Wellesley College will now accept transgender students, The Huffington Post reported March 5. In a letter, President H. Kim Bottomly wrote, "Wellesley will consider for admission any applicant who lives as a woman and consistently identifies as a woman." The article reports the policy is expected to go into effect beginning with admitting undergraduates for the class of 2020.
In a soon-to-be-released documentary by a British filmmaker, one of the six men who raped and murdered a young woman on a bus in India’s capital in 2012 blames the attack on his victim and her male companion. "You can’t clap with one hand–it takes two hands. A decent girl won’t roam around at nine o’clock at night," Mukesh Singh says in the film, according to a statement by the British Broadcasting Corp., which will air the film on BBC Four next week.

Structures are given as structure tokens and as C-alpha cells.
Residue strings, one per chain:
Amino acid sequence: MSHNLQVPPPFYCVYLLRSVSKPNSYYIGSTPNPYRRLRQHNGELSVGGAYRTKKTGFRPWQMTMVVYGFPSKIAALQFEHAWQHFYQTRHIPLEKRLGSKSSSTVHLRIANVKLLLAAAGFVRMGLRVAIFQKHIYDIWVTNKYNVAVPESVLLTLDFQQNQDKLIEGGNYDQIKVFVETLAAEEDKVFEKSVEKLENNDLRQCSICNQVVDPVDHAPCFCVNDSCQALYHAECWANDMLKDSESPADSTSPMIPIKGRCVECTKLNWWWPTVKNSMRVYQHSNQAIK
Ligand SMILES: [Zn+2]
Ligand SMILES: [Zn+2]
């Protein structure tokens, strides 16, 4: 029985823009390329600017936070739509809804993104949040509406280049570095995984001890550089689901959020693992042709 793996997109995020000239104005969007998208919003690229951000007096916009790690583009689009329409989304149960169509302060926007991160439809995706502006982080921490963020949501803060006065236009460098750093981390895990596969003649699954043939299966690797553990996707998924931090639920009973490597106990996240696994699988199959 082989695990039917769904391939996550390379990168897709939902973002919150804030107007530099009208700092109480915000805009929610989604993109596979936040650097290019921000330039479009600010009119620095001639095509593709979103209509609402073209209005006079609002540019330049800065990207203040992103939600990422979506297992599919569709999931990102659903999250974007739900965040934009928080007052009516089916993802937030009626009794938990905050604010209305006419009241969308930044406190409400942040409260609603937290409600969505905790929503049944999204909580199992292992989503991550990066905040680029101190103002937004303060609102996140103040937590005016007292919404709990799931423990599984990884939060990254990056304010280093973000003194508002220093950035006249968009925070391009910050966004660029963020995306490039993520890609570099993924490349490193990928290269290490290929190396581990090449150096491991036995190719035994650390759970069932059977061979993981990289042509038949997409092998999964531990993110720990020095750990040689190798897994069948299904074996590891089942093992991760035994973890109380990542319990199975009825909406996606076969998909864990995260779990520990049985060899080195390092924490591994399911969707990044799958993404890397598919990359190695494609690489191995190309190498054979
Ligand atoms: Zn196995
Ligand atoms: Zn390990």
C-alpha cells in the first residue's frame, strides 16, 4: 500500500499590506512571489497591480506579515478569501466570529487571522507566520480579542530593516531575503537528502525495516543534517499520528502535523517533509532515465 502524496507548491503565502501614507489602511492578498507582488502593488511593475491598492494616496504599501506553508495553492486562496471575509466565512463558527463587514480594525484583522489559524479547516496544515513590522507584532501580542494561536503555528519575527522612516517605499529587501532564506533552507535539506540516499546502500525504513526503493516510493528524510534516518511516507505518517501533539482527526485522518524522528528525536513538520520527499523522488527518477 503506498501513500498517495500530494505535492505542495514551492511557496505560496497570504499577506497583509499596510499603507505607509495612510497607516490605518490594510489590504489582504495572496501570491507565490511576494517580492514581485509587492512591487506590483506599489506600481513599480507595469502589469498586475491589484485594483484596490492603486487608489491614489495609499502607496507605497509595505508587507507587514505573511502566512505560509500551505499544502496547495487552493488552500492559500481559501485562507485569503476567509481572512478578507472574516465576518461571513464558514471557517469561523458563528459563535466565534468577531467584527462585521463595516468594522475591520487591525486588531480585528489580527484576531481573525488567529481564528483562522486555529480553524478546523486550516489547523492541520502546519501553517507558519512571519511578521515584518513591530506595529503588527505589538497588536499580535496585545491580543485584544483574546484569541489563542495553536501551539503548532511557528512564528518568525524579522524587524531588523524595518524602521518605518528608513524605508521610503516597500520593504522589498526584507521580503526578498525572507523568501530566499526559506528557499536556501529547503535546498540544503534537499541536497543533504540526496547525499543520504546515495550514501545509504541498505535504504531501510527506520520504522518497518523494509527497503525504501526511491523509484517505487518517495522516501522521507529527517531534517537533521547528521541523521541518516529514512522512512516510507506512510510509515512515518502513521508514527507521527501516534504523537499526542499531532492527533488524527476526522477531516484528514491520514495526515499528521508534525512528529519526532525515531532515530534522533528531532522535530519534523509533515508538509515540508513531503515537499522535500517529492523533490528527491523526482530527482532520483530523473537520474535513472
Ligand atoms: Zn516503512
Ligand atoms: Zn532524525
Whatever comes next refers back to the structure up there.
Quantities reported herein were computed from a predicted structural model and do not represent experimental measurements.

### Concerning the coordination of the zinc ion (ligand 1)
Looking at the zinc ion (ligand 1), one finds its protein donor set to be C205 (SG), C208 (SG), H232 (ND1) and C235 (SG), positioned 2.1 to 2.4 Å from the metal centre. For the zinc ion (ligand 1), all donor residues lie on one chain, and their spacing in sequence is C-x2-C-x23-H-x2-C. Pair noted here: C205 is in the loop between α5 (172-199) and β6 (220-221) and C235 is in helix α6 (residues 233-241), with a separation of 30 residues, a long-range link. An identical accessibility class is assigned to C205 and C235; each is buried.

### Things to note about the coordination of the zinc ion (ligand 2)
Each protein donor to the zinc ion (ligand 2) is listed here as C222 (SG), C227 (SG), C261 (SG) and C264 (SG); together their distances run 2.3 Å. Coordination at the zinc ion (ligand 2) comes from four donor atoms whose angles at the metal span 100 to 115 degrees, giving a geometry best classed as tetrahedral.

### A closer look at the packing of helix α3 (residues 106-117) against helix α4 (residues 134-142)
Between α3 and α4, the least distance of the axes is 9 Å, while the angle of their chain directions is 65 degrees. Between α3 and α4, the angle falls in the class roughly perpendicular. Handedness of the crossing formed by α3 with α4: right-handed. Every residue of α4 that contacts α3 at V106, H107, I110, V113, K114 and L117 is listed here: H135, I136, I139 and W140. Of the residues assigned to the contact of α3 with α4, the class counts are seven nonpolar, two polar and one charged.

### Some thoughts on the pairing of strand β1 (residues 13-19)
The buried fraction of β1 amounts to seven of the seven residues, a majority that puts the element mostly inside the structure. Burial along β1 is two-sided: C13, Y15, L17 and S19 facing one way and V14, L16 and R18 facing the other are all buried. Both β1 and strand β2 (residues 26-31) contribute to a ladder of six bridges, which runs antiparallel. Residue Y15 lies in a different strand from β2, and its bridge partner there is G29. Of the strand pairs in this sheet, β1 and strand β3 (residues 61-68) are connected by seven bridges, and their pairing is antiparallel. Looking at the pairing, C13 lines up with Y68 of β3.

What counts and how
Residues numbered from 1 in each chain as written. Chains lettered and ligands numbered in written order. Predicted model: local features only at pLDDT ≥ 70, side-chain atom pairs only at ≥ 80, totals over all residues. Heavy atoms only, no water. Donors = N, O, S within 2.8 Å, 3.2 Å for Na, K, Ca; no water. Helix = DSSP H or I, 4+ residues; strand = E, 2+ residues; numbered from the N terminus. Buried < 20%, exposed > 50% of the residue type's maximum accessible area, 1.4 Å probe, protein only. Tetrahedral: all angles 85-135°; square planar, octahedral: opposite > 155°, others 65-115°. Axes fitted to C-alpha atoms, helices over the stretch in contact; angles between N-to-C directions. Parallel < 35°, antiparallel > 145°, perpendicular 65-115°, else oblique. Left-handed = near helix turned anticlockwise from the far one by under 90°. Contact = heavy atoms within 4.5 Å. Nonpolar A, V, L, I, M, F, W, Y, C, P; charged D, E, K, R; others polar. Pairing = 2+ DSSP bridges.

In the film, called "India’s Daughter," Singh says women are more responsible for rape than men, women should not travel late at night, nor should they go to discos and bars or wear the "wrong clothes." Speaking about the appalling attack, which he refers to as "an accident," Singh suggested the rape and beatings were to teach the victim and her friend a lesson that they should not have been out late at night. In the interview, he also criticizes the woman for having fought back against her attackers saying: "When being raped, she shouldn’t fight back. She should just be silent and allow the rape. Then they’d have dropped her off after ‘doing her,’ and only hit the boy."
Singh claims that his execution will make life more dangerous for future rape victims.
The documentary has been banned by an Indian court because the excerpts "appear to encourage and incite violence against women," CNN reported March 5.